Washington—By announcing that it wants the U.S. Postal Service to consider stopping Saturday delivery as a cost-cutting measure, the agency’s Board of Governors (BOG) called plenty of attention to the need for postal reform. But in fact, without postal reform, it’s impossible for the USPS to reduce delivery from six days a week to five: The Postal Reorganization Act of 1970, the law that governs the USPS, mandates delivery six days a week.
Mortified that the Postal Service stands to lose up to $3 billion this year, the BOG on April 3 said it wants postal management to explore five-days-a-week delivery. USPS chief financial officer Dick Strasser says that the agency could save up to $2 billion a year by dropping a delivery day, “depending on how it’s structured. But we won’t know that specifically until our operations gets into the nitty-gritty of calibrating it.”
The BOG demand follows last week’s announcement that the Postal Service plans to reduce spending by $2.5 billion by 2003, to cut 75,000 work-years by 2006, to reduce administrative costs 25%, and to reduce transportation costs 10%. Earlier this month, the BOG told postal management to immediately freeze capital construction commitments, which affected more than 800 postal facilities.
The USPS blames the red ink in part on labor costs, fuel costs, and falling first class mail volume due to electronic alternatives. But the agency reserves most of the blame for the lack of a modern law to give it more pricing flexibility.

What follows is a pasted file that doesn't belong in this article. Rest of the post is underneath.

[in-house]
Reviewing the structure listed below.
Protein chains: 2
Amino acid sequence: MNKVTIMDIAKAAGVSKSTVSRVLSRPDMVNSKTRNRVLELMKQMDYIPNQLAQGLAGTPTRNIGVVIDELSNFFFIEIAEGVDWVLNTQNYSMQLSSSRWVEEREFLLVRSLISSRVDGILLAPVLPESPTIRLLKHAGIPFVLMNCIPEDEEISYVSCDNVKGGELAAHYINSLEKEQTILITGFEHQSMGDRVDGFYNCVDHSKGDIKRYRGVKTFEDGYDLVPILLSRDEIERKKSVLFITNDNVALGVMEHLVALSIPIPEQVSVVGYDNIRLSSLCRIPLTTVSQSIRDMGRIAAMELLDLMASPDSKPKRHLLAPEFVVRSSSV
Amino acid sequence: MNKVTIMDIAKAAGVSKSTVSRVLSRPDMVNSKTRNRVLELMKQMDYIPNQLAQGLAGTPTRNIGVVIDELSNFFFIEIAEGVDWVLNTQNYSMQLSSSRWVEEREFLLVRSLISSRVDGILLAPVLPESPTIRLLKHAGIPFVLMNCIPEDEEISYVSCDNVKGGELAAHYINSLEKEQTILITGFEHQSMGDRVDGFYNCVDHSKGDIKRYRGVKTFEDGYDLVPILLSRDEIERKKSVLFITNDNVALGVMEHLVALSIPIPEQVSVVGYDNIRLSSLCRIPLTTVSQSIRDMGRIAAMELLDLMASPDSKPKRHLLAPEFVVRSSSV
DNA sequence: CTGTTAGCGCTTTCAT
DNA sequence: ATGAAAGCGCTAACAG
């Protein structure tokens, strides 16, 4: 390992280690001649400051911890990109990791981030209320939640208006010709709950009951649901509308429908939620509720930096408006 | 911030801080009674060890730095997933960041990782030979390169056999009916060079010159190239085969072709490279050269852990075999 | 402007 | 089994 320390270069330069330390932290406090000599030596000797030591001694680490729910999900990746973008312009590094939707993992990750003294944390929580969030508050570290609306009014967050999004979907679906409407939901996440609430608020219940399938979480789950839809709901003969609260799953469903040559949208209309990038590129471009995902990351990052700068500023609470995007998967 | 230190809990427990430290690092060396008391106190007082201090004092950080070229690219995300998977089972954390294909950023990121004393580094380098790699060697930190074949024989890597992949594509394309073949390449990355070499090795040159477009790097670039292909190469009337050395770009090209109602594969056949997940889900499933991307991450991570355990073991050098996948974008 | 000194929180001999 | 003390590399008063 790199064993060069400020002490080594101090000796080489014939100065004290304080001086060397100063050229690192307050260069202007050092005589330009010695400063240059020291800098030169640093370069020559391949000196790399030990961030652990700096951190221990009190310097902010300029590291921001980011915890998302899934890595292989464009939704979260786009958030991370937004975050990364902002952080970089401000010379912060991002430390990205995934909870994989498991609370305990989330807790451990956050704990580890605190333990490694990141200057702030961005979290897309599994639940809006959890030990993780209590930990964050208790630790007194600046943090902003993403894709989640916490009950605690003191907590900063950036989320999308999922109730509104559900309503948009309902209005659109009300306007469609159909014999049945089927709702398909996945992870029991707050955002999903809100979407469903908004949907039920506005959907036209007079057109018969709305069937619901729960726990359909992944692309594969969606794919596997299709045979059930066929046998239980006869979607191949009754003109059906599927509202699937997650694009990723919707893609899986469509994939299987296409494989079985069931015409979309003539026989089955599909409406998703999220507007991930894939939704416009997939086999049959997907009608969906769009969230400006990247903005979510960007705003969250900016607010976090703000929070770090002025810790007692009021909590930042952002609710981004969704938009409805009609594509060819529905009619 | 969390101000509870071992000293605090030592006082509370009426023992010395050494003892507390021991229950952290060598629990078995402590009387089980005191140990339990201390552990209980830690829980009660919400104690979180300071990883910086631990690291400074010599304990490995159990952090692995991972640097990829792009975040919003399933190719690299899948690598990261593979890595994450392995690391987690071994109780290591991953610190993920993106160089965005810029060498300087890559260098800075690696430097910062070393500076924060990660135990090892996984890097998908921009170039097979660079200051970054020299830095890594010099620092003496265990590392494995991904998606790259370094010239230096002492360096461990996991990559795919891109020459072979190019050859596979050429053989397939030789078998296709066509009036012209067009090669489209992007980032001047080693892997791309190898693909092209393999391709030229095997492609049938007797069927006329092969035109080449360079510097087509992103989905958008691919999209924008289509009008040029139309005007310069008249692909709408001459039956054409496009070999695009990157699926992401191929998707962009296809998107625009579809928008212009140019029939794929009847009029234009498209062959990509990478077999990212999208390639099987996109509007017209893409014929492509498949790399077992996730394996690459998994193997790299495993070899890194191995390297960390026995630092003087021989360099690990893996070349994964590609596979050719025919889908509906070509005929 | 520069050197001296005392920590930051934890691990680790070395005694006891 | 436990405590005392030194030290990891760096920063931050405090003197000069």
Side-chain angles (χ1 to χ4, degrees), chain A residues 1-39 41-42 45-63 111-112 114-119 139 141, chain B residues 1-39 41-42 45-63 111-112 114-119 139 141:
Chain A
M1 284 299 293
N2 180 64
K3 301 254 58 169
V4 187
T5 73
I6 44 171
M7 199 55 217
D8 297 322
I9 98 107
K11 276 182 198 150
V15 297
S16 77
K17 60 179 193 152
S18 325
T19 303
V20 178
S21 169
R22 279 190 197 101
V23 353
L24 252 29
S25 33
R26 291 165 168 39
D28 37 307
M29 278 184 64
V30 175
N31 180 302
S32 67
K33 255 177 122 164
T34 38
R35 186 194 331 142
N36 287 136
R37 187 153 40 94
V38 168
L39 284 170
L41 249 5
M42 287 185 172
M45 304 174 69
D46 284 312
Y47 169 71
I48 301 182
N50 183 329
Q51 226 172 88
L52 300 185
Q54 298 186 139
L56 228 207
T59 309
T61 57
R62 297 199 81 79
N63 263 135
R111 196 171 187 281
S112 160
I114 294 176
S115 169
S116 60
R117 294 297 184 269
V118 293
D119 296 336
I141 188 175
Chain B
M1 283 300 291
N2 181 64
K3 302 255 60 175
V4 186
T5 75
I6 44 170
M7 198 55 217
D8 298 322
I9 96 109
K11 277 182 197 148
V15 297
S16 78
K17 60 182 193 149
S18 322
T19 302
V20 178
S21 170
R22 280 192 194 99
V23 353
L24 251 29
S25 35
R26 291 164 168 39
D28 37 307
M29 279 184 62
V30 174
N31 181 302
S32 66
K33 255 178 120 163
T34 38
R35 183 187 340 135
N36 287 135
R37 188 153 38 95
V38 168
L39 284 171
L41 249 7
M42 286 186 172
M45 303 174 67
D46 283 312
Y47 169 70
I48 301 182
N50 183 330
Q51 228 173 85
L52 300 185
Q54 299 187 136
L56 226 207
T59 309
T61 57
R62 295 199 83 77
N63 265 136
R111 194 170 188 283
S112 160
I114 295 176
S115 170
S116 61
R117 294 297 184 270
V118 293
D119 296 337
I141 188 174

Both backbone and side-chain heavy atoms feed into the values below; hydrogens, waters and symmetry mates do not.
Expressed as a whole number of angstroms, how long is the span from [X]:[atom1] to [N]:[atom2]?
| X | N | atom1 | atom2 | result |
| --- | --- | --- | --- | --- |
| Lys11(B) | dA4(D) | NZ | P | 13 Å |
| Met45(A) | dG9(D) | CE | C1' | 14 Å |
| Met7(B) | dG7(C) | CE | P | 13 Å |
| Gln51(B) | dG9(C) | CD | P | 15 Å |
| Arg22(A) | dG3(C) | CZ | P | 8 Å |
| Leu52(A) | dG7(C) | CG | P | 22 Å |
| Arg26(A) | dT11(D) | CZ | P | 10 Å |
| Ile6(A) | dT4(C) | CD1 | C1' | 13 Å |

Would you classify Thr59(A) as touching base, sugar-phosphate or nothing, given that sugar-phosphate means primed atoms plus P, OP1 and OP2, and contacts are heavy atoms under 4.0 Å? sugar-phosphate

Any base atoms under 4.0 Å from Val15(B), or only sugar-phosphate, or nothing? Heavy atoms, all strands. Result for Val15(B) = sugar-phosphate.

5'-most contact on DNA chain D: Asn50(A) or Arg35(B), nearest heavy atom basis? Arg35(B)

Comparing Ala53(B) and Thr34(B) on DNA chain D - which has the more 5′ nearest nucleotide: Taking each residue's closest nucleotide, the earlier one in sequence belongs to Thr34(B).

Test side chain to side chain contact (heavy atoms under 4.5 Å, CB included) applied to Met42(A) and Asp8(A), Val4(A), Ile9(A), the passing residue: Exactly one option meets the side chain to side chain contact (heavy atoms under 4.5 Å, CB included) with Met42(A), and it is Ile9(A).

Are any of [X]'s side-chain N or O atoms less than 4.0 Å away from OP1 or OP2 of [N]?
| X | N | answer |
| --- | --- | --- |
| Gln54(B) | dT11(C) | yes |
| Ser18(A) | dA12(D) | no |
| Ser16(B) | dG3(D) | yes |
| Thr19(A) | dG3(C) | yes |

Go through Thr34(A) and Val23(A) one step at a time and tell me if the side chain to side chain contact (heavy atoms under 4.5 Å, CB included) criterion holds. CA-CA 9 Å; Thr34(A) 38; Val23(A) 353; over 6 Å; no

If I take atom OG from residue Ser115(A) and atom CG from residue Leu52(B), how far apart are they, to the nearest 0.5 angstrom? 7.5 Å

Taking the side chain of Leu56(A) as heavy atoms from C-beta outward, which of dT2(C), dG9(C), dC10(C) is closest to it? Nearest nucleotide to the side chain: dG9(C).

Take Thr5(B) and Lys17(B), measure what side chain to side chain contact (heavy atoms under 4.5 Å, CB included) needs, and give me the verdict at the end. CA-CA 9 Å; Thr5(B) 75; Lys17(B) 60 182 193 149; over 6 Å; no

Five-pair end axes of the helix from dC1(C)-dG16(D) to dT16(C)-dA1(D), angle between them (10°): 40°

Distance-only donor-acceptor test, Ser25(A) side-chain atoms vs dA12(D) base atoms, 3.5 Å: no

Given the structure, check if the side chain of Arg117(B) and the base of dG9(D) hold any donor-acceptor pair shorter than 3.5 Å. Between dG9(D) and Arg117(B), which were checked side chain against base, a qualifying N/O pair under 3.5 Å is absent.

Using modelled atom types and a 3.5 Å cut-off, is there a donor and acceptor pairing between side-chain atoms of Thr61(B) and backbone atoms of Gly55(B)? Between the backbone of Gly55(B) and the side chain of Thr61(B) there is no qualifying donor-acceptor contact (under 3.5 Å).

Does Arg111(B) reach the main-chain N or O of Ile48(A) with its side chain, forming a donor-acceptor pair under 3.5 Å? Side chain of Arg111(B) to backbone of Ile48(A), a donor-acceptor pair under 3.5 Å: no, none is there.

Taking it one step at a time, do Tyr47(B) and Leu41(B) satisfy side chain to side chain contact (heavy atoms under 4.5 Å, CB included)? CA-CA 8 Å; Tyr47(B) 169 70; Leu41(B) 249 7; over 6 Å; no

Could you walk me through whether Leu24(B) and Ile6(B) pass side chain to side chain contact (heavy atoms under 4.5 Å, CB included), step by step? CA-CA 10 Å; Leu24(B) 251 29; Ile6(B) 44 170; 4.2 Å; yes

“The reality of the marketplace is that the 30-year-old statutory model that governs the Postal Service is in need of change to protect universal service at affordable rates,” BOG vice chairman David Fineman said on announcing the delivery-reduction proposal.
Despite several bills introduced in Congress during the past five years, postal reform hasn’t come anywhere near passing. But the BOG and USPS management have been outspoken lately in their cries for reform legislation. The last postal reform bill, H.R. 22, failed to get to the floor of the House in the last Congress. No bill has yet been introduced this year, although mailers and the USPS itself have called on President Bush to initiate a presidential commission to evaluate the future of the agency.
While the announcement made headlines and alarmed mailer groups, some feel that it fell short of effectively promoting the need for reform. “The announcement fails to focus attention where it’s desperately needed,” said Robert McLean, executive director for The Mailers Council, an Arlington, VA-based trade group.